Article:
North Dakota’s oil production hit a five-month high and climbed back over 1 million barrels per day in October, after falling below that yardstick for two consecutive months.
The state pumped out 1.043 million barrels per day in October — up 7 percent over September — as oil prices rose, according to data released Tuesday by the North Dakota Department of Mineral Resources. The state hit its all-time high production mark of 1.23 million barrels per day in December 2014.
Lynn Helms, director of the mineral resources department, called October’s production increase a “surprise.”
In August, North Dakota’s oil output dipped below 1 million barrels per day for the first time since March 2014, and repeated that performance in September. It was a trend expected to continue.
Still, Helms said in a web conference with reporters Tuesday that he “wouldn’t expect a repeat of October in these winter weather months.” With the cold descending on North Dakota, fracking for oil becomes more expensive and more complicated.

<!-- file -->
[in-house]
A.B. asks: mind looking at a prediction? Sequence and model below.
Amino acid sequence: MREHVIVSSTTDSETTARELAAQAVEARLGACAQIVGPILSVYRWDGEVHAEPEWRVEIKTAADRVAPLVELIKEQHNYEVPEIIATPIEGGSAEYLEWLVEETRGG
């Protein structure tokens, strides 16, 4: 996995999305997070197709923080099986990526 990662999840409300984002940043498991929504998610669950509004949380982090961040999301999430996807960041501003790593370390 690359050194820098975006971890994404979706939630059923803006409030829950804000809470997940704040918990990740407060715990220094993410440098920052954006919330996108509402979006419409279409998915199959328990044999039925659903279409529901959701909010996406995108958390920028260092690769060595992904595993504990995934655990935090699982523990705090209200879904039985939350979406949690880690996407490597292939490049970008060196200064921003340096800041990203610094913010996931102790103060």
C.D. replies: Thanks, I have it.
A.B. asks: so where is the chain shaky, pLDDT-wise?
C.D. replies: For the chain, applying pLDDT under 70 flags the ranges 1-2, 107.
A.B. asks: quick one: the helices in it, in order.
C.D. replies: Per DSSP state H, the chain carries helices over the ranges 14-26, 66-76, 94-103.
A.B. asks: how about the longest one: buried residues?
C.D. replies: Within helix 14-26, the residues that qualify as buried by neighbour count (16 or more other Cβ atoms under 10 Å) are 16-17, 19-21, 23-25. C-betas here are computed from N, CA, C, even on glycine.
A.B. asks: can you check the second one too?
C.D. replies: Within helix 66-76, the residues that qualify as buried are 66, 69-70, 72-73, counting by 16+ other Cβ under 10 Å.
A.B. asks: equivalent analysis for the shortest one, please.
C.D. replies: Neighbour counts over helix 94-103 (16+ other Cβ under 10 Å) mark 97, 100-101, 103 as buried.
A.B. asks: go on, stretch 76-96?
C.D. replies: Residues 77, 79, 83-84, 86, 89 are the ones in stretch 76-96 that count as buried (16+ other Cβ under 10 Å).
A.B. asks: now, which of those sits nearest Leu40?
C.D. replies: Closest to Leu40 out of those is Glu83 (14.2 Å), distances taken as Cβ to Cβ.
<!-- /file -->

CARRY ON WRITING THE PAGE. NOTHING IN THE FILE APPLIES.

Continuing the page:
North Dakota, the nation’s second largest oil producing state, has been hammered by falling prices over the past two years — along with the entire U.S. petroleum industry. There are some signs for optimism, though.
“Oil prices are up, activity is up, production is up,” Helms said.
Oil prices Monday hit a one-year high. West Texas Intermediate (WTI) — a benchmark crude — traded down a bit Tuesday, but still closed at nearly $53 a barrel. For much of last winter, WTI traded below $35 a barrel.
Prices have firmed in the past few weeks as major oil producing nations have committed to cutting production. But it’s far from clear that a sustained recovery in the oil market is underway; members of OPEC and non-OPEC members often stray from quotas.
Oil prices need to stay in the $50 to $60 per-barrel range to spark more activity in North Dakota.
The drilling rig count in North Dakota — an indicator of future production — was still historically low at 40 in November, but it has climbed by six since September. That mirrors rising rig counts elsewhere in the U.S.
“The industry indicated there will be 50 rigs [in North Dakota] by the middle of next year,” Helms said. “That’s a real positive trend.”
The state’s peak drilling rig count was 218 in May 2012, as scores of new wells were created during the state’s oil boom. While drilling for new wells is relatively low now, the number of producing oil wells in October in North Dakota hit a preliminary all-time high of 13,457, according to state data.